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The Office of Communications, usually known as Ofcom, is the UK's communications regulator.
Ofcom was designed to be a 'super regulator', required in an age where many media platforms are converging. Ofcom was initially established in the Office of Communications Act 2002 , but received its full authority from the Communications Act 2003. On December 29, 2003, Ofcom inherited the duties that had previously been the responsibility of five regulatory bodies:
- the Broadcasting Standards Commission
- the Independent Television Commission
- the Office of Telecommunications (Oftel)
- the Radio Authority
- the Radiocommunications Agency
The inaugural chairman of Ofcom is David Currie , Dean of Cass Business School at City University and a life peer under the title Lord Currie of Marylebone. Its chief executive Stephen Carter was formerly a senior executive of J Walter Thompson UK and NTL.
The short form of the name is given as OFCOM (all capitals) in the Communications Act 2003, which established the Office of Communications. Ofcom itself uses the mixed case form seen here, which is also the more widespread in the media.
Ofcom's duties are wide-ranging, covering all manner of industries and processes. It has a statutory duty to further the interests of citizens and consumers by promoting competiton and protecting consumers from harm or offensive material.
Some of the main things which Ofcom preside over are licensing, undertaking research, creating codes and policies, dealing with complaints and looking into competition. Ofcom has also become well known for its tendency to issue lots and lots of consultations (there was even a consultation on the consultations). However, this is the way Ofcom intends to run its business, being more open, accountable, and receptive to public and industry comments.
Ofcom considers consultations to be a vital way of helping it to make the right decisions based upon the right evidence. Ofcom's formal process of consultation starts with their publishing a document (all of which are published on their website), asking for views and responses. If the document is long and complicated, Ofcom will usually publish a plain English summary.
Ofcom will then usually allow a period of ten weeks for interested persons, companies or organisations to read the document and send in their responses. After this ten week period, Ofcom will normally publish all of the responses on their website (excluding any which are marked by the respondent as confidential).
After the consultation has closed, Ofcom will prepare a summary of the responses, and may use this as a basis for some of their decisions.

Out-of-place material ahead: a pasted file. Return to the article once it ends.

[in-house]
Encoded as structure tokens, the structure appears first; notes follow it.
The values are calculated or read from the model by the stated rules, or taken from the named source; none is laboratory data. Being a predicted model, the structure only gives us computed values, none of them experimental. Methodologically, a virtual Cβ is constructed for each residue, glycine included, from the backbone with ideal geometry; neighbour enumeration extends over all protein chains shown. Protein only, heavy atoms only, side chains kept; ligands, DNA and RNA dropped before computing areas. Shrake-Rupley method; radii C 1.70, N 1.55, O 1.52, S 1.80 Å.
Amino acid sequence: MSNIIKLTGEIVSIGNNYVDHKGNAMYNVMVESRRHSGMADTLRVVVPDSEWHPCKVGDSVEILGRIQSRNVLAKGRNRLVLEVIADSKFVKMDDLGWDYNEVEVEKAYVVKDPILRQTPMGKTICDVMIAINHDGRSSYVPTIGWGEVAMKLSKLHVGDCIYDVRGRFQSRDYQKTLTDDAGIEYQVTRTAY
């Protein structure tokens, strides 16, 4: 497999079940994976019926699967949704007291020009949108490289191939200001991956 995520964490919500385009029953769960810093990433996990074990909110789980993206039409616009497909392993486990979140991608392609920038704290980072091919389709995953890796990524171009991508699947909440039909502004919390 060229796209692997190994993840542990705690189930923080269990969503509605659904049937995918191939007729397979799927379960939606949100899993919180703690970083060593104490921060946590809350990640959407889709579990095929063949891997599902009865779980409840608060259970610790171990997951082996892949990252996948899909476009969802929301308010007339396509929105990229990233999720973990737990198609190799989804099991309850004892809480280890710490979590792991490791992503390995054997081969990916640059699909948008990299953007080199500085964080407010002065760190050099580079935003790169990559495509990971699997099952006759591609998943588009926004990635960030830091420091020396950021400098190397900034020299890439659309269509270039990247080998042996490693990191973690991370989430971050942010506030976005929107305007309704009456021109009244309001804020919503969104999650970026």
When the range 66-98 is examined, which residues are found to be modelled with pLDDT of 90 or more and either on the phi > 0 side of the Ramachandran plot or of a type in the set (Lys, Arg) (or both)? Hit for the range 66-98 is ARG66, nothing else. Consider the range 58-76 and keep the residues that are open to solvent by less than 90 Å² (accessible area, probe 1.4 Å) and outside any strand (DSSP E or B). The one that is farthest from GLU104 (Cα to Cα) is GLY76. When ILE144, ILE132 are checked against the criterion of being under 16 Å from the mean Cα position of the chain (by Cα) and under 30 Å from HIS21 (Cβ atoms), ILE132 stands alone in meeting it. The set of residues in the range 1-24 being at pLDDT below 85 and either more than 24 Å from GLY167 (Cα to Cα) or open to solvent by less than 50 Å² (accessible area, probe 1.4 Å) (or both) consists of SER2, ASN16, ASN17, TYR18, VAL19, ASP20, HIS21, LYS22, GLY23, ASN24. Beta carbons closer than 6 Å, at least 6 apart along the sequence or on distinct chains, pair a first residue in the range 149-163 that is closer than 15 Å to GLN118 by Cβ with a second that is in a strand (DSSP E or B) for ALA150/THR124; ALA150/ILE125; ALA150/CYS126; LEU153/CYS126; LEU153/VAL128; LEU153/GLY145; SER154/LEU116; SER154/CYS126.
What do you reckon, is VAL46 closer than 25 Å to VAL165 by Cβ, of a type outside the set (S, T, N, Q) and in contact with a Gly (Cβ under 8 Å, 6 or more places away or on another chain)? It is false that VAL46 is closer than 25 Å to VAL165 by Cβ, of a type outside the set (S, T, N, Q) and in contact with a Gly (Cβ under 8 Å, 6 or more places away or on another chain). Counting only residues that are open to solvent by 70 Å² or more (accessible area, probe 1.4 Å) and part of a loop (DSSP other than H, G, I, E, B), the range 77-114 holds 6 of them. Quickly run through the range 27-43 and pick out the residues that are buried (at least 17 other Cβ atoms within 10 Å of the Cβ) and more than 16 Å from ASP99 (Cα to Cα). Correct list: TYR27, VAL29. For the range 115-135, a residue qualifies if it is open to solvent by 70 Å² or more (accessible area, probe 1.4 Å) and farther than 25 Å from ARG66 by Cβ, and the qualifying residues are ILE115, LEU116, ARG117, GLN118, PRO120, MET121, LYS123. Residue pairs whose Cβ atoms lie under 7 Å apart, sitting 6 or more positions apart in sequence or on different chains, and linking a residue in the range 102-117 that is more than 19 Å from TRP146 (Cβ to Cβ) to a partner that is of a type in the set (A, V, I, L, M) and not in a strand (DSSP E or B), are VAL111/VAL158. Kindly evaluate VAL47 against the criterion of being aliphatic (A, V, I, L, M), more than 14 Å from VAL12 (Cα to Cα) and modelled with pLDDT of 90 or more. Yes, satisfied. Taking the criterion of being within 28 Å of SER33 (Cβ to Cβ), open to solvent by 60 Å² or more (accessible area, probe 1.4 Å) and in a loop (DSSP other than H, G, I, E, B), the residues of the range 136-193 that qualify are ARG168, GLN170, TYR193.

As the regulatory body for media broadcasts, part of Ofcom's duties are to examine specific complaints by viewers/listeners about programmes. When Ofcom receives a complaint, it firstly asks the broadcaster for a copy of the programme, and it then examines the programme to see whether it is in breach of the broadcasting code. Ofcom also asks for a response from the broadcaster to the complaint. Considering these, Ofcom will mark the complaint as either upheld or not upheld, or alternatively 'resolved'.
In June 2004, Ofcom, having received complaints from twenty-four viewers, censured Fox commentator John Gibson for stating that the BBC had “a frothing-at-the-mouth anti-Americanism that was obsessive, irrational and dishonest”, that the BBC “felt entitled to lie and, when caught lying, felt entitled to defend its lying reporters and executives”, that BBC reporter, Andrew Gilligan, had “insisted on air that the Iraqi army was heroically repulsing an incompetent American military”, and that “the BBC, far from blaming itself, insisted its reporter had a right to lie— exaggerate— because, well, the BBC knew that the war was wrong, and anything they could say to underscore that point had to be right”. Ofcom held that these statements were untrue opinions based on false evidence that necessitated that Fox offer the BBC rebuttal time.
Ofcom is in charge of a large chunk of the electromagnetic spectrum, and licenses portions of it for use in TV and radio broadcasts, mobile phone transmissions, private communications networks, and so on. The process of licensing varies depending on the type of usage required. Some licenses simply have to be applied for and paid for, others are subject to a bidding process. Most of the procedures in place have been inherited from the systems used by the legacy regulators. However, Ofcom may change some of the processes in future.
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